New videos on The Intimacy Machine

Some new videos – including recordings of honeybee cannibalism, pollen and nectar storage, and oviposition – have been uploaded to The Intimacy Machine!

Comprising part of a larger compilation of videos, these recordings directly show what happens within a bee’s cell – and have been made publicly available for the first time. Based on long-term research, Paul Siefert, Nastasya Buling and Bernd Grünewald recently released wonderful images from within the hive, placing the viewer directly in a honeybee’s cell. To maintain homoeostasis, a bee organism needs the combined action of individual bees. Whilst well known today, these behaviours are really difficult to film or observe directly, and this complexity has meant a lack in recorded evidence. This study is designed to fill this void, and further reach beyond the scientific community. With Siefert et al.’s own words: “In addition, we encourage the non-commercial use of our material to educate beekeepers, the media and the public and, in turn, call attention to the general decline of insect biomass and diversity.” (Siefert et al. 2020, 1)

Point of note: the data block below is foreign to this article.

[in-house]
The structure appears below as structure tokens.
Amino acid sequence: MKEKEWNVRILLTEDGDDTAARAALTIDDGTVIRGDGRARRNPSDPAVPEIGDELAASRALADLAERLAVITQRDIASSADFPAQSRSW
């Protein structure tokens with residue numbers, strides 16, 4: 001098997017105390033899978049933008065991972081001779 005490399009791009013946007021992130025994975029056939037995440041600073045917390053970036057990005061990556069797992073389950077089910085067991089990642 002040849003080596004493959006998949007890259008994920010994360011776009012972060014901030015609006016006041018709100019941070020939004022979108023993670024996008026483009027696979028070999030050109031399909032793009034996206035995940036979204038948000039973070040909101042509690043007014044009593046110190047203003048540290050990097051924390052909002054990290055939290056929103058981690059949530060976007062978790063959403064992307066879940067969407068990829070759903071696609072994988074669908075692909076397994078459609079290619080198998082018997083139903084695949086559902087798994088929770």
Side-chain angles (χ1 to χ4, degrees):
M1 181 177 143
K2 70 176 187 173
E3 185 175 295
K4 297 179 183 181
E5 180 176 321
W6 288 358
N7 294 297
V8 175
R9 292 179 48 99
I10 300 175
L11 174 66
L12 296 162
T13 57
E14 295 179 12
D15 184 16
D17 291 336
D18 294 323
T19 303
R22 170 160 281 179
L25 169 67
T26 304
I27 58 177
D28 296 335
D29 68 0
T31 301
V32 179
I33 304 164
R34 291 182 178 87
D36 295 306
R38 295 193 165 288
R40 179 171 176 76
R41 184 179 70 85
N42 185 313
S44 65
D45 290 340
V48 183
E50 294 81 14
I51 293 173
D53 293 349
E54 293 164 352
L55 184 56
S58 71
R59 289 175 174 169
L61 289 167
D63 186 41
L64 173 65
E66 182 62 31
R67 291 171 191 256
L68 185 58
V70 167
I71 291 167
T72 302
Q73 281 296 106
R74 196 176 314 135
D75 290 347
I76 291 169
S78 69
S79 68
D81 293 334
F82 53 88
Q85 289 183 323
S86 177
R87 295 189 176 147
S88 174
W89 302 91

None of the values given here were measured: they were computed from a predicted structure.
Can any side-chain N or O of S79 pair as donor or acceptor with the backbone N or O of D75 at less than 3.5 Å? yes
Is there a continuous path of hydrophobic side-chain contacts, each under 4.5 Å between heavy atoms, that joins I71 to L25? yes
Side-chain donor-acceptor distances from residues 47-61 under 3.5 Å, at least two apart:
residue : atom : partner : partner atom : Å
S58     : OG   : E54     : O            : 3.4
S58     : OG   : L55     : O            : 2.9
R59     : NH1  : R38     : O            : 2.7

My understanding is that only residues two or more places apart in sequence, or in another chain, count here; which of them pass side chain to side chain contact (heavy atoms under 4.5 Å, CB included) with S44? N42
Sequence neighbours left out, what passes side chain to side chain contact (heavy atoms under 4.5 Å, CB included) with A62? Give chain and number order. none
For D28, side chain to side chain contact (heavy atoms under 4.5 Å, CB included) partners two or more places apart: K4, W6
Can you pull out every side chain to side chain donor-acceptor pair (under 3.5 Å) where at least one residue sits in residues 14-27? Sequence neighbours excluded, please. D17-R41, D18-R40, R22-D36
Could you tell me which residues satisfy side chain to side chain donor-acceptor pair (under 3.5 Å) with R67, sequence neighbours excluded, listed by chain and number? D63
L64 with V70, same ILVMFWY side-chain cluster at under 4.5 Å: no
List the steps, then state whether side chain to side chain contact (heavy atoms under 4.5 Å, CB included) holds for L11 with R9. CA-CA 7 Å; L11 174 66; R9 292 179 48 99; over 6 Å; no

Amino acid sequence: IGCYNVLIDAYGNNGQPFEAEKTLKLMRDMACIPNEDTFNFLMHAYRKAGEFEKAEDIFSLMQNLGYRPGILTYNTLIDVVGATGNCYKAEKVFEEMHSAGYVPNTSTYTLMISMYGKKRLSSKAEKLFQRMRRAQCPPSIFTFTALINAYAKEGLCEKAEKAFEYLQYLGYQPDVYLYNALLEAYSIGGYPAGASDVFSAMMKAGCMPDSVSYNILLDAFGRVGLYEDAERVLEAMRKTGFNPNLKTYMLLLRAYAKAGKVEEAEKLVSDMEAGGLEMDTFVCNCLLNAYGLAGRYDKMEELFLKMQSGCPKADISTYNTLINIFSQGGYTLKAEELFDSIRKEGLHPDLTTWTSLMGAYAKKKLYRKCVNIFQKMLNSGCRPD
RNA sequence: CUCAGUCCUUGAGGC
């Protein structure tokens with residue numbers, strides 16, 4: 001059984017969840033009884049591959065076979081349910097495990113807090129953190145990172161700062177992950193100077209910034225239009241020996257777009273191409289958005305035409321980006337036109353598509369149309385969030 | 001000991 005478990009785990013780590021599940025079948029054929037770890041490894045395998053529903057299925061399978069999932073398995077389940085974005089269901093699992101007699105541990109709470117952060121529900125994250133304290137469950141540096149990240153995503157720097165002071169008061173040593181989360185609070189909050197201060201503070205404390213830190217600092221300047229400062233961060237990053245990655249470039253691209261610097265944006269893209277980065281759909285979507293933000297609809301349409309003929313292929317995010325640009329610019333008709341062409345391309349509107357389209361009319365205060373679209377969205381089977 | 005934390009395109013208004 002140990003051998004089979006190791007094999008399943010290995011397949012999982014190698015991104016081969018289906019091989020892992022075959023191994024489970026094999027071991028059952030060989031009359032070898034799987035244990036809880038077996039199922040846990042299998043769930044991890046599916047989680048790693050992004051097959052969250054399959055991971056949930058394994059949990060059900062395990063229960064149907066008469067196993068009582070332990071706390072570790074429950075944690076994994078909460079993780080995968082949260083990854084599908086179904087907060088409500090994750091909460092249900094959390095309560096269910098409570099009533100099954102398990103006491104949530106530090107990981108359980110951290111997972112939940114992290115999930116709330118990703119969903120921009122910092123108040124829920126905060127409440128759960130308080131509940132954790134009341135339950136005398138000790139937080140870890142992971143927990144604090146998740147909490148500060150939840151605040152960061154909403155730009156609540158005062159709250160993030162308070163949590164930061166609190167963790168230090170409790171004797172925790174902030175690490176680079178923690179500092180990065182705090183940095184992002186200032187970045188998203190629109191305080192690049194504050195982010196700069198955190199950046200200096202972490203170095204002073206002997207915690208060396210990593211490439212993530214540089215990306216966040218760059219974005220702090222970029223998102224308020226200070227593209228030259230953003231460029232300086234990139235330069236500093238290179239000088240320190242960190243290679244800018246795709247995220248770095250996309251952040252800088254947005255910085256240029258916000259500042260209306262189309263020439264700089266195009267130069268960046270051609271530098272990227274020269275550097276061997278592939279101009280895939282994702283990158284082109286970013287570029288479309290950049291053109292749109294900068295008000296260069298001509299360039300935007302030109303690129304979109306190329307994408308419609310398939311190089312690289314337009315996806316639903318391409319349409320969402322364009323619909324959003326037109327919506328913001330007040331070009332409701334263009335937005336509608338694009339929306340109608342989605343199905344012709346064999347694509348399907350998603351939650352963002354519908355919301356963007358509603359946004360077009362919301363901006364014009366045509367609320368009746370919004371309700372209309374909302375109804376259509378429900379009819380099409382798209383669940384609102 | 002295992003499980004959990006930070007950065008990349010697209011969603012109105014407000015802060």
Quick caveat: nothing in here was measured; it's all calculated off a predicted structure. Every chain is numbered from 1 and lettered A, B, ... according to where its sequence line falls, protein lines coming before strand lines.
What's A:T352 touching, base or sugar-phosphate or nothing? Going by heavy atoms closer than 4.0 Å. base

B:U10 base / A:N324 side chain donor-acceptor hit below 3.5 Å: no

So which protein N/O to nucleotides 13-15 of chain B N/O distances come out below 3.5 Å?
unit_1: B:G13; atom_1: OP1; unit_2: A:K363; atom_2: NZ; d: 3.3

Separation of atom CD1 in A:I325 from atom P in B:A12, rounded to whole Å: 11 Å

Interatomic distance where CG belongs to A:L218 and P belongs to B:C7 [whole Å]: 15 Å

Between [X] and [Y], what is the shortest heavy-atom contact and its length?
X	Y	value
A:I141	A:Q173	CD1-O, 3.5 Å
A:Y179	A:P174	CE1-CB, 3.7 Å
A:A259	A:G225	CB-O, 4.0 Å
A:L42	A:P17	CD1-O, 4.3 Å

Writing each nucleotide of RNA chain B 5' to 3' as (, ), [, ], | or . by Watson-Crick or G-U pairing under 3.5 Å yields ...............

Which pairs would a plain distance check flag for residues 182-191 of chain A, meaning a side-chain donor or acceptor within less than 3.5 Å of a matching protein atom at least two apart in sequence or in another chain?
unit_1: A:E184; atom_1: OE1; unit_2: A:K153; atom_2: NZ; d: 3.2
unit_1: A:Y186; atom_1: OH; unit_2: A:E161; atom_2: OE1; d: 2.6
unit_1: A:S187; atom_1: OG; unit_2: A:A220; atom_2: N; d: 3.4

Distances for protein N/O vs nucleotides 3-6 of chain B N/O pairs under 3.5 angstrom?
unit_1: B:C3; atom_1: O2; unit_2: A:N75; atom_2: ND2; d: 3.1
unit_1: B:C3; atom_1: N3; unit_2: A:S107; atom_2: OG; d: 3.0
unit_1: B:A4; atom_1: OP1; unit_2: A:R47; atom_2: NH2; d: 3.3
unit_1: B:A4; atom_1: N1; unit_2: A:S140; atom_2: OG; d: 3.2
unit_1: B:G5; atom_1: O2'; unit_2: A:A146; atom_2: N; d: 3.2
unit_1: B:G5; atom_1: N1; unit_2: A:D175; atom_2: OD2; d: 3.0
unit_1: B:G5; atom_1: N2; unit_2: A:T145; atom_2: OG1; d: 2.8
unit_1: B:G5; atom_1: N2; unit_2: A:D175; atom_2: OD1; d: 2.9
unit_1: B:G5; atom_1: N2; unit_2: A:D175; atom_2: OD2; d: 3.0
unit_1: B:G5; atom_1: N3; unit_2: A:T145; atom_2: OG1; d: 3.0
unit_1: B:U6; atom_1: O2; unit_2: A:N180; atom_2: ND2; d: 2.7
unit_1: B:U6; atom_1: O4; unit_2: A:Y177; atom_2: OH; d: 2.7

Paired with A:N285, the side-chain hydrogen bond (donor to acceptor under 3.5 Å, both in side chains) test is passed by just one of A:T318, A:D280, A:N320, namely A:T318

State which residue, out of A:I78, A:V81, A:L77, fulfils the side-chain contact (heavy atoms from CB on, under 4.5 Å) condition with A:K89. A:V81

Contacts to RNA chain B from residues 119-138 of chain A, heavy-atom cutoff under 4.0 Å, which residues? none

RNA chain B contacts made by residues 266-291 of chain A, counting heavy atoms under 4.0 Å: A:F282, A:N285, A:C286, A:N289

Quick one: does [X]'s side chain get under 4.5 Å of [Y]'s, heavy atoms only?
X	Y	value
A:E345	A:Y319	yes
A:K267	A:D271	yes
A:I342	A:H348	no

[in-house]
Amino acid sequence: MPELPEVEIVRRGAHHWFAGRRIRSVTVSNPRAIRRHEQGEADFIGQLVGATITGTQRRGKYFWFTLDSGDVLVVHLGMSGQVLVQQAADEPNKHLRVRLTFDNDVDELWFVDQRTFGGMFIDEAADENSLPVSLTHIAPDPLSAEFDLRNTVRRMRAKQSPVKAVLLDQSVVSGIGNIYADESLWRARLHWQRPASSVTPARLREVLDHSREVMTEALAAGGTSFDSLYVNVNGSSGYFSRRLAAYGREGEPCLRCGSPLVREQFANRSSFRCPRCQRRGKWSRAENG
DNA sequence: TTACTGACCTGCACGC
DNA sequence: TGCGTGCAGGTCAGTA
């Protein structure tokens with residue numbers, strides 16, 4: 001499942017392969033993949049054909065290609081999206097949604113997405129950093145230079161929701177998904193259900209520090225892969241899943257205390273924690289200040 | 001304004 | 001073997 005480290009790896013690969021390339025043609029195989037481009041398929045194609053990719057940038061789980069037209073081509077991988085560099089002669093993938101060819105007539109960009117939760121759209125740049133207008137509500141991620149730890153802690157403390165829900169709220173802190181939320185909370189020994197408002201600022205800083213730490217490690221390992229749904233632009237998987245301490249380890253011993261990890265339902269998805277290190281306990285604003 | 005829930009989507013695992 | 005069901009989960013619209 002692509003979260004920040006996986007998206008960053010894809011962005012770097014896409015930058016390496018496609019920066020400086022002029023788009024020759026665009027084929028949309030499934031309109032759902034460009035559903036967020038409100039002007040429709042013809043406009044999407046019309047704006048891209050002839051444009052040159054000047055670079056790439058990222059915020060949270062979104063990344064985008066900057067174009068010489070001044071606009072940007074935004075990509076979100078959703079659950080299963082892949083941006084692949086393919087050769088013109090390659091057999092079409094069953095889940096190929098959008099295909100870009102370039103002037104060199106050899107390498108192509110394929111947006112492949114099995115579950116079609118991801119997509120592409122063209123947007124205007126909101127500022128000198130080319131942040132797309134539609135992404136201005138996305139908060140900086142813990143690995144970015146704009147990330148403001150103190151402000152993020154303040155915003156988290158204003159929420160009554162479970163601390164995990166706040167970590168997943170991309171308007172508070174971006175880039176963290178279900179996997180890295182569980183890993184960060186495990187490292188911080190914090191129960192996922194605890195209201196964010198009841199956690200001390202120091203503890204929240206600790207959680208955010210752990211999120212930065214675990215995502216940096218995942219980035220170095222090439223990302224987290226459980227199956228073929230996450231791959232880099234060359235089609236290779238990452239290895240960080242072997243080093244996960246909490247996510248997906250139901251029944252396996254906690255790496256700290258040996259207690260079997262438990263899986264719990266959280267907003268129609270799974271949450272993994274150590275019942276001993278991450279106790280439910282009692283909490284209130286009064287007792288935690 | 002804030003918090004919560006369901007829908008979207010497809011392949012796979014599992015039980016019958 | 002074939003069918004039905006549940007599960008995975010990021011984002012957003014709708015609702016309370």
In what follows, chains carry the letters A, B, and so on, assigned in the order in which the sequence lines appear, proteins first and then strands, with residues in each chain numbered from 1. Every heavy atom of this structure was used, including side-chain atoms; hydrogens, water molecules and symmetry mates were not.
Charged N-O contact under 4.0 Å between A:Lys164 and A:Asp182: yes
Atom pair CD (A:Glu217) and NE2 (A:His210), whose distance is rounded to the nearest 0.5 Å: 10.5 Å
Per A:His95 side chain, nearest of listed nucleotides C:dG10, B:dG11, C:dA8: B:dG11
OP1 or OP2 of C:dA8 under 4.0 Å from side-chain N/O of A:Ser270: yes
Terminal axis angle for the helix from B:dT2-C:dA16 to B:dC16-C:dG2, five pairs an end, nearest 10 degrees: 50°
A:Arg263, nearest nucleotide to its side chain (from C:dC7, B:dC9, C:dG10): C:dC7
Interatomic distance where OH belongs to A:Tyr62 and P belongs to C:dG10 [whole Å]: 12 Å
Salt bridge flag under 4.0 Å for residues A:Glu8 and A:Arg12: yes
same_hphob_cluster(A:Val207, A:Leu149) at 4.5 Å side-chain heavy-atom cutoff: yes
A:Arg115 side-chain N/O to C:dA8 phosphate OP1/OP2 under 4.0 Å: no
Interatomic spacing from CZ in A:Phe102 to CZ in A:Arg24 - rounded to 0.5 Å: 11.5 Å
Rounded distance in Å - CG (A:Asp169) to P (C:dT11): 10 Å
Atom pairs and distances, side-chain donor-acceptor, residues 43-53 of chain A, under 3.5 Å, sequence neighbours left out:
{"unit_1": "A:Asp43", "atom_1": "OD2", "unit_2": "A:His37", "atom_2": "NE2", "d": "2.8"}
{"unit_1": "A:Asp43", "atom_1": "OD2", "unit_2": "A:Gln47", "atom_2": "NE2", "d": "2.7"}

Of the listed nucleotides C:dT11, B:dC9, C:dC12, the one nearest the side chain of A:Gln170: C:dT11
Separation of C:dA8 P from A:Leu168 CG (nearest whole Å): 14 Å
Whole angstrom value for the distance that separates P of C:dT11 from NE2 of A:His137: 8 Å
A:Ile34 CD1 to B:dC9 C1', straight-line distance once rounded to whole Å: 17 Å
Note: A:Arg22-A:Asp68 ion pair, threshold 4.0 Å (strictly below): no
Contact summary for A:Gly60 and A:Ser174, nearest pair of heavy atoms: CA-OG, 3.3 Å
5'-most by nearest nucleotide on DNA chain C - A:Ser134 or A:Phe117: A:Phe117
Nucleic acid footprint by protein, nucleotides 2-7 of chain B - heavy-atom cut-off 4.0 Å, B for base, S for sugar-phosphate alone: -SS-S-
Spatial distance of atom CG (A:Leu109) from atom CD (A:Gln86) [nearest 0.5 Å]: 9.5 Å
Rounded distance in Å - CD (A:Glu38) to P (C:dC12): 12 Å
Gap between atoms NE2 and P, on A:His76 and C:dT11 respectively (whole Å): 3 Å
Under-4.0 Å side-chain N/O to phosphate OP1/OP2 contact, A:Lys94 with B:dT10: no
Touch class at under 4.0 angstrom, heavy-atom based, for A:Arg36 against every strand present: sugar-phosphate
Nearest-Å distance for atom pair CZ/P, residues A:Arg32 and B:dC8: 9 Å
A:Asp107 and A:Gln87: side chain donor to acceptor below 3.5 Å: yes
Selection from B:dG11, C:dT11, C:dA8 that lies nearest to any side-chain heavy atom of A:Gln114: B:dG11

Note annexe

This video shows the process of oviposition by a worker bee, which is when the egg is ejected out of the body. While the queen is known to lay eggs in the beehive, worker bees can also lay eggs, however, they are unfertilised and can only give birth to drones. After being spawned, the egg stays still until the larvae starts hatching.

A special thanks to Dr. Paul Siefert for his generosity!

To see the videos and find more information visit The Intimacy Machine’s platform:

The Intimacy Machine is an ongoing archive which collects various materials from academic research about bees. Focusing mainly on non-text-based knowledge the platform proposes another access to this specific academic research. The project was developed in collaboration with Joris Landman and Harry Bloch from Studio Harris Blondman based and Amsterdam and the visual anthropologist Ellen Lapper. The project was supported by Eyebeam (NY) and La Becque (CH).